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Epi-Ready Team Training:
Foodborne Illness Response Strategies


Epi-Ready Menu



What Is Epi-Ready?

Developed in partnership with the Centers for Disease Control and Prevention, Epi-Ready is a two-day in-person workshop for environmental and public health professionals with responsibility for investigation of foodborne illness outbreaks. With a team-based approach to training, Epi-Ready focuses on how to efficiently and effectively respond to an outbreak by understanding the roles and responsibilities of the disciplines involved—using the analogy of the 4-legged stool. What happens to a stool (investigation) if one leg is broken or missing?

The Epi-Ready 4-legged stool represents collaboration between the three disciplines involved in a foodborne illness investigation, environmental health specialists/sanitarians, epidemiologists and laboratory staff. The fourth leg of the stool comprises all others who directly or indirectly are involved in outbreak investigations, including public health nurses, health educators, industry, risk communication/public information officers, and others.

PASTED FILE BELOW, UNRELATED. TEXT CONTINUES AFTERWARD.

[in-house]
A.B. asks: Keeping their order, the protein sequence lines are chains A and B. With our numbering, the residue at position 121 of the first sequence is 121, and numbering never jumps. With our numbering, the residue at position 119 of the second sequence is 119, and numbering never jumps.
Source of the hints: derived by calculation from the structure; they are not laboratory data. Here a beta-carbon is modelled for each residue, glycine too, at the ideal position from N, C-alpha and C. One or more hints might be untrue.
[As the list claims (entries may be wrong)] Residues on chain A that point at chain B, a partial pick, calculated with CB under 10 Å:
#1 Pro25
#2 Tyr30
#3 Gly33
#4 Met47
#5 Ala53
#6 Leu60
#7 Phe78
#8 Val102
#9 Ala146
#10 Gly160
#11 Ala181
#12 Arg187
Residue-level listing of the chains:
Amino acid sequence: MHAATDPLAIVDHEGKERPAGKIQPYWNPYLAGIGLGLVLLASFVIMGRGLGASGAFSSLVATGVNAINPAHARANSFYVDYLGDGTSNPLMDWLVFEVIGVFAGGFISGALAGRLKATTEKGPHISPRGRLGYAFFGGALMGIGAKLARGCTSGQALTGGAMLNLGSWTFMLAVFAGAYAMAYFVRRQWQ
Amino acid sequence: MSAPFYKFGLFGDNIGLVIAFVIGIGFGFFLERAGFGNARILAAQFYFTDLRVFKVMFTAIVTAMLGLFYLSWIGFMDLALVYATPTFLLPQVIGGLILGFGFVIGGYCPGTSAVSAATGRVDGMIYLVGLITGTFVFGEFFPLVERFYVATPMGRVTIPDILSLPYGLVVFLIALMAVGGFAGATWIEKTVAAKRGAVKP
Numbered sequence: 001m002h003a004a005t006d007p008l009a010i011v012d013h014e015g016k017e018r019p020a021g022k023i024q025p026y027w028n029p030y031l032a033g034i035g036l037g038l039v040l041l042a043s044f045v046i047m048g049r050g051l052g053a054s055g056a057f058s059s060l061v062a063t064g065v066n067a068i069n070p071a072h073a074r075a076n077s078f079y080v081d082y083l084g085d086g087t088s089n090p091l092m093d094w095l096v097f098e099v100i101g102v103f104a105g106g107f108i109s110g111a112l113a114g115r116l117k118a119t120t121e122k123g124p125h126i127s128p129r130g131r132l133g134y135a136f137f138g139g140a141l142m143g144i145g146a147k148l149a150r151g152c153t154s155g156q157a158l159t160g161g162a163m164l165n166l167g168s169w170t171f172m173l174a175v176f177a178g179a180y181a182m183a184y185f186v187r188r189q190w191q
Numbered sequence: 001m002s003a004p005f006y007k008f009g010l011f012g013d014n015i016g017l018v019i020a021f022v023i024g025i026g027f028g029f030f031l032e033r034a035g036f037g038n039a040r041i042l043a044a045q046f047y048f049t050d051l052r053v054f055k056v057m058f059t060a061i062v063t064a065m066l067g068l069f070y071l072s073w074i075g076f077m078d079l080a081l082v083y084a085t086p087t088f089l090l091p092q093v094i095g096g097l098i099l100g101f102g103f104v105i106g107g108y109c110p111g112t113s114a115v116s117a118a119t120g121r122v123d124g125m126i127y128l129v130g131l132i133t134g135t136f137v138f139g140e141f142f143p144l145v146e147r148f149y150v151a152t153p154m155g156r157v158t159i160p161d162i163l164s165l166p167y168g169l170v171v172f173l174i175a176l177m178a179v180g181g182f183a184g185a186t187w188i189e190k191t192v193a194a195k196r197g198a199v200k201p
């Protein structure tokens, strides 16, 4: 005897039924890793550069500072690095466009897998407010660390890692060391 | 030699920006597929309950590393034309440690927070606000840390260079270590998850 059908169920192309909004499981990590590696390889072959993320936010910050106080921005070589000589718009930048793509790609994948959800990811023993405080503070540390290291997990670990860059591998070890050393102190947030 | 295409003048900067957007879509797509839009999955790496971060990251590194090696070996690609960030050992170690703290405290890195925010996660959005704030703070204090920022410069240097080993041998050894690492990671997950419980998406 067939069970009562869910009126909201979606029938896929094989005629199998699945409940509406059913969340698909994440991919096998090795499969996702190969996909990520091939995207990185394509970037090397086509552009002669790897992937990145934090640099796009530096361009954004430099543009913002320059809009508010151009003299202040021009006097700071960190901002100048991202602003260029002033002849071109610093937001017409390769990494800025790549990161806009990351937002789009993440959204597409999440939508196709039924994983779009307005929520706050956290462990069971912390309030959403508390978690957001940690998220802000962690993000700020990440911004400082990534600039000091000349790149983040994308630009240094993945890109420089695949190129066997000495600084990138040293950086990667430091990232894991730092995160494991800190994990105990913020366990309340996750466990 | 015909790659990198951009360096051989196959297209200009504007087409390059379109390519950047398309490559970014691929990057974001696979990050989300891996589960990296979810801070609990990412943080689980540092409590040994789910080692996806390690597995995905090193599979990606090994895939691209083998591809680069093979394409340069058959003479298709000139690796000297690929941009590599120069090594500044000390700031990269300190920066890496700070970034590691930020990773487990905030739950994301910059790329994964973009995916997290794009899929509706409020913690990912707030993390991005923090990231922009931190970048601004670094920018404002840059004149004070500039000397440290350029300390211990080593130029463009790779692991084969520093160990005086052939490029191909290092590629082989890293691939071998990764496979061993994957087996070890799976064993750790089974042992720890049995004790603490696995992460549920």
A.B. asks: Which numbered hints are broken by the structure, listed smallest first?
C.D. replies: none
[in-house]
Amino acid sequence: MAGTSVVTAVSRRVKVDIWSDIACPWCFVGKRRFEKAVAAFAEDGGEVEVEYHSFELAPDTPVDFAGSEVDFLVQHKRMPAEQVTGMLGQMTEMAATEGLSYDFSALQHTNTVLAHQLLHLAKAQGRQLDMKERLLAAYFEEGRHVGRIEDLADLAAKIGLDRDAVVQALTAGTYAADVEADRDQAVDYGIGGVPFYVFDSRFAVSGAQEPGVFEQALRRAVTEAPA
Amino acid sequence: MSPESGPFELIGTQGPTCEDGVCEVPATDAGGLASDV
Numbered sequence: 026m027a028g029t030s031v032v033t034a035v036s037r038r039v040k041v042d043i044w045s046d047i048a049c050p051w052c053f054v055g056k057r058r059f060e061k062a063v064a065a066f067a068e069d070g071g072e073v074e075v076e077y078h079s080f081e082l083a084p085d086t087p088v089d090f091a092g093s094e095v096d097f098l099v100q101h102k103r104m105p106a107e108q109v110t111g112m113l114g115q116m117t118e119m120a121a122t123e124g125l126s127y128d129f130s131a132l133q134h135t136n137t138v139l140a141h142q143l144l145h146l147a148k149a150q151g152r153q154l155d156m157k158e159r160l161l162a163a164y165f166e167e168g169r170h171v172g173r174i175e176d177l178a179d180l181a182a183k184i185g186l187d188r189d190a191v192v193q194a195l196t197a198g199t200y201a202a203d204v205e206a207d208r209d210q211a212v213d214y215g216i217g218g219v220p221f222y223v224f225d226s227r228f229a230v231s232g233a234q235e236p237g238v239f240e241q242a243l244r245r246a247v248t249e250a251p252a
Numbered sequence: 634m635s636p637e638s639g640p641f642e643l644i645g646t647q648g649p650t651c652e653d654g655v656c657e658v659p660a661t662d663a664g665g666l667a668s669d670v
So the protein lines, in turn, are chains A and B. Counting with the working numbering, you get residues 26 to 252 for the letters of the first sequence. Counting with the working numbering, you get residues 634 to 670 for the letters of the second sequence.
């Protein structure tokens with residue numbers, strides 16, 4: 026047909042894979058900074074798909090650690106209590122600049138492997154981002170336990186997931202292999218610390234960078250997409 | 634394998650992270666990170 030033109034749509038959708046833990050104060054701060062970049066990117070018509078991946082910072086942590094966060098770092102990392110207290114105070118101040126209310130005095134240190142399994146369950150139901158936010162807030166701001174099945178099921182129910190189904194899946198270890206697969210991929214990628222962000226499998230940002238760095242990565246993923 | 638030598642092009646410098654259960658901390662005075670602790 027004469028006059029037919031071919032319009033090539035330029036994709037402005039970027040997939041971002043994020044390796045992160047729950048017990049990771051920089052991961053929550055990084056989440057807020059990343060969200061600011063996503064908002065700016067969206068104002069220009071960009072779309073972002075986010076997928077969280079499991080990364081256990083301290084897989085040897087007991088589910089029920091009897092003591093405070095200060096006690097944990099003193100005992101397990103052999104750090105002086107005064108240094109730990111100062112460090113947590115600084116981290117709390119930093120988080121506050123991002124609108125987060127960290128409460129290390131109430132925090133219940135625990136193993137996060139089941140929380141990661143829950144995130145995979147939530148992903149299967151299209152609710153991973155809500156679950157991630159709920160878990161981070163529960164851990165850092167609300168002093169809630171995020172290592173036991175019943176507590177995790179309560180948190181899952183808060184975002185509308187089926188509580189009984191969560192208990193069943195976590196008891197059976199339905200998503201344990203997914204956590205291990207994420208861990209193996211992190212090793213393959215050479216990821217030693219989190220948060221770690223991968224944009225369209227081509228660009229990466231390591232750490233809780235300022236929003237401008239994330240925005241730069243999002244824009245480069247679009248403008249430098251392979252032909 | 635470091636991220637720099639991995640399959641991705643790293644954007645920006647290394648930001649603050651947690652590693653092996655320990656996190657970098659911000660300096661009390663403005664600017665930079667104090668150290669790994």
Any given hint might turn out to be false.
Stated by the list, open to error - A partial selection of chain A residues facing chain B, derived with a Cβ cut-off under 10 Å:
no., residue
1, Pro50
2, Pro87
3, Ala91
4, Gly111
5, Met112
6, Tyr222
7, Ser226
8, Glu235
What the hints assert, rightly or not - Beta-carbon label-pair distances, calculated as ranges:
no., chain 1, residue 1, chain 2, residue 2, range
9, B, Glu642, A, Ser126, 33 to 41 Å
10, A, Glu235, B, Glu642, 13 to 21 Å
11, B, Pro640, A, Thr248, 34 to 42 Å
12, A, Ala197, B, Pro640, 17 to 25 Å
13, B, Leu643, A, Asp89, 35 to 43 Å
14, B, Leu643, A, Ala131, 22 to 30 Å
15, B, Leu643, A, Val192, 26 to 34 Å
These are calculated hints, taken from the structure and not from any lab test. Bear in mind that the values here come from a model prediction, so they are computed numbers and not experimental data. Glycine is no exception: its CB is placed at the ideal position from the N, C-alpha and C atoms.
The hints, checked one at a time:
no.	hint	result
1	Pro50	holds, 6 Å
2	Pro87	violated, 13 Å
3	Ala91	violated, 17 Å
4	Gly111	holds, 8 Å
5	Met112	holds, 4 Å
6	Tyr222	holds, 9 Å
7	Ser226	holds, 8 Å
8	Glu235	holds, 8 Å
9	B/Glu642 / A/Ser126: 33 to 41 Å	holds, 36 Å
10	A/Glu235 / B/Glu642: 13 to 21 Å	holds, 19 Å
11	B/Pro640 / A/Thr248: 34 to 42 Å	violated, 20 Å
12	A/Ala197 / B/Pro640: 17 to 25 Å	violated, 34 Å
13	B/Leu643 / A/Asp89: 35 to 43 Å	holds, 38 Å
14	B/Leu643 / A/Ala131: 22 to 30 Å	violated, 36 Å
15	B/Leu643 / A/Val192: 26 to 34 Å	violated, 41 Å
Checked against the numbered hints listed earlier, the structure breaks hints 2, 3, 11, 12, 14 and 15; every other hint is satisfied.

Workshop content is designed to follow the Council to Improve Foodborne Outbreak Response (CIFOR) Guidelines.

Topics are covered through a combination of lecture, question and answer sessions, interactive group exercises and final case study.

Epi-Ready goals are that each leg of the stool…

  • Better understand the roles and responsibilities of all disciplines in an investigation.

  • Build a more efficient working relationship and open lines of communication with partners.

  • Understand that collaboration is KEY!


Click here to view a recording of a free webinar on Epi-Ready and Epi-Ready for Industry (I-FIIT-RR).

For more information on Epi-Ready Team Training, please contact Ginny Coyle, gcoyle@neha.org, phone: 303-756-9090, ext 346.


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Attend an Epi-Ready Workshop

Epi-Ready Workshops are hosted by health departments or associations. Registration may be limited to staff and partners of the hosting agency. For more information on availability of training, please contact Ginny Coyle, gcoyle@neha.org, phone: 303-756-9090, ext 346.
 

CDC-funded Epi-Ready Training Workshop Schedule for 2013

LOCATION
WORKSHOP DATES